Bruce Springsteen’s response to the September 11 terrorist attacks was widely regarded as a return to form and a bid for renewed commercial acceptance after a low key 1990s. Lots of musicians, particularly from among Springsteen’s generation, made music inspired by the events of September 11, but living within sight of the Twin Towers (“I woke up this morning to an empty sky”), Springsteen had more of a reason to do than most.
Musically, The Rising is a reunion with the E Street Band, which is welcome, yet the results are mixed. The E-Street band is largely wasted in heady mixes that aim straight for arena rock, rather than the subtle and virtuoso arrangements that the band created on their seventies albums. And as a good as a lot of these individual songs are, The Rising overall is too long and too homogeneous in sound, with too many mid tempo anthems.
Closer ‘My City Of Ruins’, the most effective piece here, was actually written earlier in response to the decline of Springsteen’s native New Jersey, but it makes perfect sense as a closer here, with its gospel feel the fitting conclusion to a Springsteen album that’s constantly referencing faith. ‘Lonesome Day’ and the title track are both propulsive, while ‘Empty Sky’ and ‘World’s Apart’ are both darker and more off kilter. ‘Let’s Be Friends (Skin To Skin)’ is a successful foray into pop territory with an upbeat arrangement and accessible melody, although the forced and awkward ‘Mary’s Place’ (“we’re gonna have a party”) is the album’s obvious weak point. ‘The Fuse’ is almost experimental, at least by Springsteen’s standards, with its claustrophobic rhythms, an expression of lust that’s more urgent than most of the explicitly 9/11 songs.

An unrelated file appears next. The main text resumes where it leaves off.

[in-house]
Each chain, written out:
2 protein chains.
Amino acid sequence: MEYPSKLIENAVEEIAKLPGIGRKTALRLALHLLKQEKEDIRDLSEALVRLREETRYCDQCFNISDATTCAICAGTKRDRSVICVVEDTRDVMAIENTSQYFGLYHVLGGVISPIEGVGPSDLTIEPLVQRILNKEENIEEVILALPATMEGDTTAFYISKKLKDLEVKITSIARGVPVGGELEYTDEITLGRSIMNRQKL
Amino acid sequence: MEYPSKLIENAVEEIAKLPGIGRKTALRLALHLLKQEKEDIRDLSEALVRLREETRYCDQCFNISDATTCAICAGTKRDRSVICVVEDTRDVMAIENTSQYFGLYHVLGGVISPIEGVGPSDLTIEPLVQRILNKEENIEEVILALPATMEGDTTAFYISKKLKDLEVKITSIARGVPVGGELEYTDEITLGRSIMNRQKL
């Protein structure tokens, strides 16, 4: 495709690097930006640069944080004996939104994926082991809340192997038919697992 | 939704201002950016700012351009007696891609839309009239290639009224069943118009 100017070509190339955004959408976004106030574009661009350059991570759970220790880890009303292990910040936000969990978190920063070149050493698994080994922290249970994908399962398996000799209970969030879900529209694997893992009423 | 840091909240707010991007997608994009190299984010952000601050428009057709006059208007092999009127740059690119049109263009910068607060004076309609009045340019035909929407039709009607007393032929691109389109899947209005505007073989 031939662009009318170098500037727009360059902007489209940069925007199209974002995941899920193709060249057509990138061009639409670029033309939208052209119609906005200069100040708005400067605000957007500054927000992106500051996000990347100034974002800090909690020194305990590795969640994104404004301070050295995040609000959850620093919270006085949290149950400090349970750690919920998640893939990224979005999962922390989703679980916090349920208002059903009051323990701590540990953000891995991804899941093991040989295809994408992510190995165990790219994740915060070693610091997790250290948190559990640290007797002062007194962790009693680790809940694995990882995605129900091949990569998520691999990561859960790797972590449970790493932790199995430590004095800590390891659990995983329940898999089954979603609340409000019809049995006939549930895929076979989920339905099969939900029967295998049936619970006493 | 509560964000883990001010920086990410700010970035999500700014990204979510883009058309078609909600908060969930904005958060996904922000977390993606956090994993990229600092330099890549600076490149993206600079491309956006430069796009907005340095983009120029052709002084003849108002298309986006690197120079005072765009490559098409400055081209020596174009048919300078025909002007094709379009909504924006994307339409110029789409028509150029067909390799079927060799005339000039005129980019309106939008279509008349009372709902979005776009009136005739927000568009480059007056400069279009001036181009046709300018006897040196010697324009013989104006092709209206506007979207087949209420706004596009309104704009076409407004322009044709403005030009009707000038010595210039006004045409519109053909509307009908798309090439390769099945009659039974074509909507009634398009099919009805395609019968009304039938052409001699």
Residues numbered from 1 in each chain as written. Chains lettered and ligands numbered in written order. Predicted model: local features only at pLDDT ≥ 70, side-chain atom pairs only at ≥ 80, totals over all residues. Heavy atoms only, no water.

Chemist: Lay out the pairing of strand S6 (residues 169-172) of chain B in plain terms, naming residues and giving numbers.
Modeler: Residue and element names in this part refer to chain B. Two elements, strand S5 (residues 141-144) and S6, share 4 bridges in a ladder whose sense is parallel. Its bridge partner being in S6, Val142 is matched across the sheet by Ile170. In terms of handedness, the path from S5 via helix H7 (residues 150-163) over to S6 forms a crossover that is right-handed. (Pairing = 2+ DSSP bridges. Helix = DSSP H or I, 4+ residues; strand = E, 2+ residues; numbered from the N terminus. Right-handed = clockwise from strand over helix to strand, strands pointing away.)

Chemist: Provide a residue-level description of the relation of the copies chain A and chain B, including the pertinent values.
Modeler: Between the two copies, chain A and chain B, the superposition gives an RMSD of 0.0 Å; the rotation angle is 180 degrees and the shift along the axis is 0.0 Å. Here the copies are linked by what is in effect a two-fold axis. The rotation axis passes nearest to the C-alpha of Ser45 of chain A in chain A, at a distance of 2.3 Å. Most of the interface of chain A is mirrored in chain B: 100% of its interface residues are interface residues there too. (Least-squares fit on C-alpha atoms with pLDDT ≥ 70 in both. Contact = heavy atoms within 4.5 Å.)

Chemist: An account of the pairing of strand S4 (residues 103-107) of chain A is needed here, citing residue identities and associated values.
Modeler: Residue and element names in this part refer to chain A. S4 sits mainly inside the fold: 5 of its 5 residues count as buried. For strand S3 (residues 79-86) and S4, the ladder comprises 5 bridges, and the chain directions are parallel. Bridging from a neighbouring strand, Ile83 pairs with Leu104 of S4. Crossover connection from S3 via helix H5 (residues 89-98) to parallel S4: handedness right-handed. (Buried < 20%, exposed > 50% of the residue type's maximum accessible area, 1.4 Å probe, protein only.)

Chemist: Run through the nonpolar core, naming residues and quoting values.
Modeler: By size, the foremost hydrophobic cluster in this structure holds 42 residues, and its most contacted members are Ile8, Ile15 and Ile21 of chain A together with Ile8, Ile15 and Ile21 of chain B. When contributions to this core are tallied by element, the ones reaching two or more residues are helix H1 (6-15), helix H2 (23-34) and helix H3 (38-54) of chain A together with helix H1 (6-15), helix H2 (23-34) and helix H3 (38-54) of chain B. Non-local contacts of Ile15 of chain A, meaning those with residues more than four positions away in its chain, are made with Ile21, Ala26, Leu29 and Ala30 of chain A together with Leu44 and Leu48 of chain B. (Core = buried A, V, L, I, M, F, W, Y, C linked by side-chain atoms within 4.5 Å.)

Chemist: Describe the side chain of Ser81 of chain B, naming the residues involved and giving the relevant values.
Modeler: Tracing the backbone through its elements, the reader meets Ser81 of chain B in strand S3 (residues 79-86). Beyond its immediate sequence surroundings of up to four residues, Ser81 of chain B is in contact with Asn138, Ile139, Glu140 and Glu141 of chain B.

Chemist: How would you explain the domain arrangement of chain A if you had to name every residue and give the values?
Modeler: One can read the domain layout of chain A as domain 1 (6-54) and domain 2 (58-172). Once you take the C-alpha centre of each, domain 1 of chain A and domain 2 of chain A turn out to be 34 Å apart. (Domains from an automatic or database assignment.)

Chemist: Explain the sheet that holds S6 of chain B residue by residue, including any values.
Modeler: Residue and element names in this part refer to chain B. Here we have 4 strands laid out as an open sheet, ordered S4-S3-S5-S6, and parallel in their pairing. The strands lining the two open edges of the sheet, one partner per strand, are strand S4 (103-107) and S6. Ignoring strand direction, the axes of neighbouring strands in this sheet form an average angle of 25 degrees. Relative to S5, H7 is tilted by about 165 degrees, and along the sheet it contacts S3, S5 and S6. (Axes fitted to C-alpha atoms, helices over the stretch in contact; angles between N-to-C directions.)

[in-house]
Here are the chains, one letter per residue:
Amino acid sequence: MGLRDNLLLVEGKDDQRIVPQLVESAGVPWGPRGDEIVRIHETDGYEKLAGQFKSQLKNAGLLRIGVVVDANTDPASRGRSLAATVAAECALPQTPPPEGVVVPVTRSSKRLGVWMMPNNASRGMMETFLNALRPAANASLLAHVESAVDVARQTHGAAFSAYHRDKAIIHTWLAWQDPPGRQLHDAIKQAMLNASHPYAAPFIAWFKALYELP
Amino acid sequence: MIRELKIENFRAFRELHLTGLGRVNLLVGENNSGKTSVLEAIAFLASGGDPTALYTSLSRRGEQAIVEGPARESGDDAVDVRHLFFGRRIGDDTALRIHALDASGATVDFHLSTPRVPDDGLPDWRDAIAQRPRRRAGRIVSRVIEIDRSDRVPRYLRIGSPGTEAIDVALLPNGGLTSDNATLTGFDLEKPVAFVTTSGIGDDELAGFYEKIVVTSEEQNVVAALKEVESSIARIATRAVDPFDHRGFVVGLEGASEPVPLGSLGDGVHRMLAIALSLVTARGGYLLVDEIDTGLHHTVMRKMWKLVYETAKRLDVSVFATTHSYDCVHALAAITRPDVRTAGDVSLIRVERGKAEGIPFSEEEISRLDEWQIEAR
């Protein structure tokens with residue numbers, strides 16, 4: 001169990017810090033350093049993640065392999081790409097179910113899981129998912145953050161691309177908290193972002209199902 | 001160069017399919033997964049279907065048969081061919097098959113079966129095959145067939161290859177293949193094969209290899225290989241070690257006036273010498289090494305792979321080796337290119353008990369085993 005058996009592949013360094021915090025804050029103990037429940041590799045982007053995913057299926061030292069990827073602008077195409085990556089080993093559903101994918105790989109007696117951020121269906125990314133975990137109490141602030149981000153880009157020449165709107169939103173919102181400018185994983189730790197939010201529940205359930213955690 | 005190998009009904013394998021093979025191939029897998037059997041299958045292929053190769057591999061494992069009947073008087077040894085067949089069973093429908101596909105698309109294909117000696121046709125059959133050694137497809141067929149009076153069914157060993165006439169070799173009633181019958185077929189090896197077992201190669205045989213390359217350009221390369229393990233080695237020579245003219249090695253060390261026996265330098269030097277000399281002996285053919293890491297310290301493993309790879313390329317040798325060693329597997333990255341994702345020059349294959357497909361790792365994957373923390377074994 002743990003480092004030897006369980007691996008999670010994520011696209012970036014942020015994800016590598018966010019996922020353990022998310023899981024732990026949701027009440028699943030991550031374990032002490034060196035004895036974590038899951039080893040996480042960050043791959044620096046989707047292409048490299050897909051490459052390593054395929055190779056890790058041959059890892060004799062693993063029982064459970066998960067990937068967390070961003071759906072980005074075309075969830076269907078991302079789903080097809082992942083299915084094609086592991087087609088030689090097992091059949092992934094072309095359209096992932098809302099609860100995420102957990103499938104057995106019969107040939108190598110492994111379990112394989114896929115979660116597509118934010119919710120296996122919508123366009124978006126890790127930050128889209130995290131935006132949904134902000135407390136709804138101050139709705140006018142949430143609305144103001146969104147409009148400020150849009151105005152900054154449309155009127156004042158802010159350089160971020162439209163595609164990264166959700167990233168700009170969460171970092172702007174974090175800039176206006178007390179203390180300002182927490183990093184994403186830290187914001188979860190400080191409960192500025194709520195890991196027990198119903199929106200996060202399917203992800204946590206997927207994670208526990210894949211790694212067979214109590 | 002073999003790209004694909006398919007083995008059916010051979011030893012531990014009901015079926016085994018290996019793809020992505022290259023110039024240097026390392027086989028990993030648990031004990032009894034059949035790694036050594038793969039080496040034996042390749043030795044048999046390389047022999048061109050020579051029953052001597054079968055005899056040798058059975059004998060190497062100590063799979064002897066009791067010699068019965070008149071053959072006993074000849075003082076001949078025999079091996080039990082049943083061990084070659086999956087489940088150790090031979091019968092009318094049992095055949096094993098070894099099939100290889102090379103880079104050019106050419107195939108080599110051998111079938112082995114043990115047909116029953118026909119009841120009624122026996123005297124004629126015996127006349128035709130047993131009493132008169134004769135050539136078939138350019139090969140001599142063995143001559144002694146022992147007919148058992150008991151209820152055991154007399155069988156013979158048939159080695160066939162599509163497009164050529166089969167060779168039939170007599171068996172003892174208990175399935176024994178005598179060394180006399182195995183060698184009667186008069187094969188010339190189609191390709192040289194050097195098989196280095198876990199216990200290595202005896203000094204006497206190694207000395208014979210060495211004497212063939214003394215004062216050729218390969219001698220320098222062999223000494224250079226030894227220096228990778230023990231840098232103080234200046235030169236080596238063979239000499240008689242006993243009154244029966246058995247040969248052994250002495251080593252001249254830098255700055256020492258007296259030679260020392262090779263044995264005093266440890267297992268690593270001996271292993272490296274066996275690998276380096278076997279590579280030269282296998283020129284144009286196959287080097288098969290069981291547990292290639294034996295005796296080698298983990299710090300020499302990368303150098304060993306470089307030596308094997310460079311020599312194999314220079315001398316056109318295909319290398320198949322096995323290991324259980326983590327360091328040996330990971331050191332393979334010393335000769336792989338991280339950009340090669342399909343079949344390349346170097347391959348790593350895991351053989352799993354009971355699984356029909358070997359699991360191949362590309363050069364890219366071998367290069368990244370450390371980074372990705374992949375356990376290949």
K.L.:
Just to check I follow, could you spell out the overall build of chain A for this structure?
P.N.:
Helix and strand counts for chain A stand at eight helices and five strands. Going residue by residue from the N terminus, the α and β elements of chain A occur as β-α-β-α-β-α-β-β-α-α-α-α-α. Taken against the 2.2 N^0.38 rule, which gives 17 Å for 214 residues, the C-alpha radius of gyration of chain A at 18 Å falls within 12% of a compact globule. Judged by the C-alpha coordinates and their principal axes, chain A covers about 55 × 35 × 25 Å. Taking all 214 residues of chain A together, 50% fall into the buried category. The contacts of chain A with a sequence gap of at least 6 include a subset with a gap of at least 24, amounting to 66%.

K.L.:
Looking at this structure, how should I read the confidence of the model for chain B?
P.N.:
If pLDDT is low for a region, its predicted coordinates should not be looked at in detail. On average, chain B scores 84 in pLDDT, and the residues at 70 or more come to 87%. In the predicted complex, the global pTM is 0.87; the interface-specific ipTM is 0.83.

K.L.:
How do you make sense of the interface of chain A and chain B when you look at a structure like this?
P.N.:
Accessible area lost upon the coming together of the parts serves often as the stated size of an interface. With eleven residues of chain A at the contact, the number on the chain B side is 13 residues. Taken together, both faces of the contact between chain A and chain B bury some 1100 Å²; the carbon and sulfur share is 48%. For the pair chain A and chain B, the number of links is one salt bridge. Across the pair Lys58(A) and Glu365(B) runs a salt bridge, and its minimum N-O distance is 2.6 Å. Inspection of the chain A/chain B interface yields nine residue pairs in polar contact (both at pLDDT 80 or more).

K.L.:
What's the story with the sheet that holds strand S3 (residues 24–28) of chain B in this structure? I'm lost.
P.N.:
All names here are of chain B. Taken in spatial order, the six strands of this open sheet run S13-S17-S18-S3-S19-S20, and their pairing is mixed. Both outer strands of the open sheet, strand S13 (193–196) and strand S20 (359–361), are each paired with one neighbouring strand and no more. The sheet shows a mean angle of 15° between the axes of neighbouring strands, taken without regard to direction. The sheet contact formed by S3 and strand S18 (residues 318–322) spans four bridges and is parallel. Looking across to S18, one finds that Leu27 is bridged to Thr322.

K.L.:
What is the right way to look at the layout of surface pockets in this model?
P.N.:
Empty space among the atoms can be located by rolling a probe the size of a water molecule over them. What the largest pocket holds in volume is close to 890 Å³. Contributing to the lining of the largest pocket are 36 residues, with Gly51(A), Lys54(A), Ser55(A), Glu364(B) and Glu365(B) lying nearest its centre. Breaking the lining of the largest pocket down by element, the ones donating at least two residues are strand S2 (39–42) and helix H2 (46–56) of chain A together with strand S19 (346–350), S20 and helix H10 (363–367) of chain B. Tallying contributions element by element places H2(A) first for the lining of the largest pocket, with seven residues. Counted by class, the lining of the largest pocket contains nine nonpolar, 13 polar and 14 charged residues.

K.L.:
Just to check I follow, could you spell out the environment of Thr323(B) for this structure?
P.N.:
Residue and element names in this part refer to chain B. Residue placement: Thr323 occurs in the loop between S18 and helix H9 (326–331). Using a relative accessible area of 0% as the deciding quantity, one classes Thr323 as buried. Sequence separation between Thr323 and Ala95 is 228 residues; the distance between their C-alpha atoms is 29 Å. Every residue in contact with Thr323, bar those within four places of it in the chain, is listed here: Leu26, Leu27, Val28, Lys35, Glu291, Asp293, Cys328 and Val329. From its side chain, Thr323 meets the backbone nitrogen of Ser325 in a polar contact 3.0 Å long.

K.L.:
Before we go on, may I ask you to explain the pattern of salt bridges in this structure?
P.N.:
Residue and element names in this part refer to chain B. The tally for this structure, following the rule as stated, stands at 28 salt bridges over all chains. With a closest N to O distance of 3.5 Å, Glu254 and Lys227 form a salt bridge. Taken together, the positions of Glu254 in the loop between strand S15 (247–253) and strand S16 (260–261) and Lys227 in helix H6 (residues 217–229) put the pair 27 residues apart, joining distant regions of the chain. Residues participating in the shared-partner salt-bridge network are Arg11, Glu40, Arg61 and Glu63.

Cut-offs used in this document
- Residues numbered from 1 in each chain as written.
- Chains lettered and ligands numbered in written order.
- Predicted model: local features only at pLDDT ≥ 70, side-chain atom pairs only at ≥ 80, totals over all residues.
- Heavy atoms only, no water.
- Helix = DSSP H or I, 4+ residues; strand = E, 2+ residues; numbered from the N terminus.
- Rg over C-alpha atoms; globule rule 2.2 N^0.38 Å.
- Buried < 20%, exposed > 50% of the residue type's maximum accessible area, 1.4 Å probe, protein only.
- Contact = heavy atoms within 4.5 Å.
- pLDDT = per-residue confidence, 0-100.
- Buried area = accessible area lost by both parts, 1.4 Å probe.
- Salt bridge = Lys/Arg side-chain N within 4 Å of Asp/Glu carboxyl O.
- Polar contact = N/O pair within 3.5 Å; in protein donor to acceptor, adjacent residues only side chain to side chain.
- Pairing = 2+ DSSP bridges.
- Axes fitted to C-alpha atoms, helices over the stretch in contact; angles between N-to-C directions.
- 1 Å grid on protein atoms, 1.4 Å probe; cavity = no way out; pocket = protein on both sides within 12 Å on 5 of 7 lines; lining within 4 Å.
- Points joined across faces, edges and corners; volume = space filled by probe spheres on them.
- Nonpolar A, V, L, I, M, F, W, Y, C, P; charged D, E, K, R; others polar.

The Rising feature some strong songs, and it’s Springsteen’s best studio album since Tunnel of Love, but it’s also a missed opportunity. Trimmed down to a forty minute, ten song album, with a less laboured and more identifiable E-Street Band sound, The Rising could have been exceptionally good, but even as is, after more than a decade of under-achievement it’s a respectable comeback.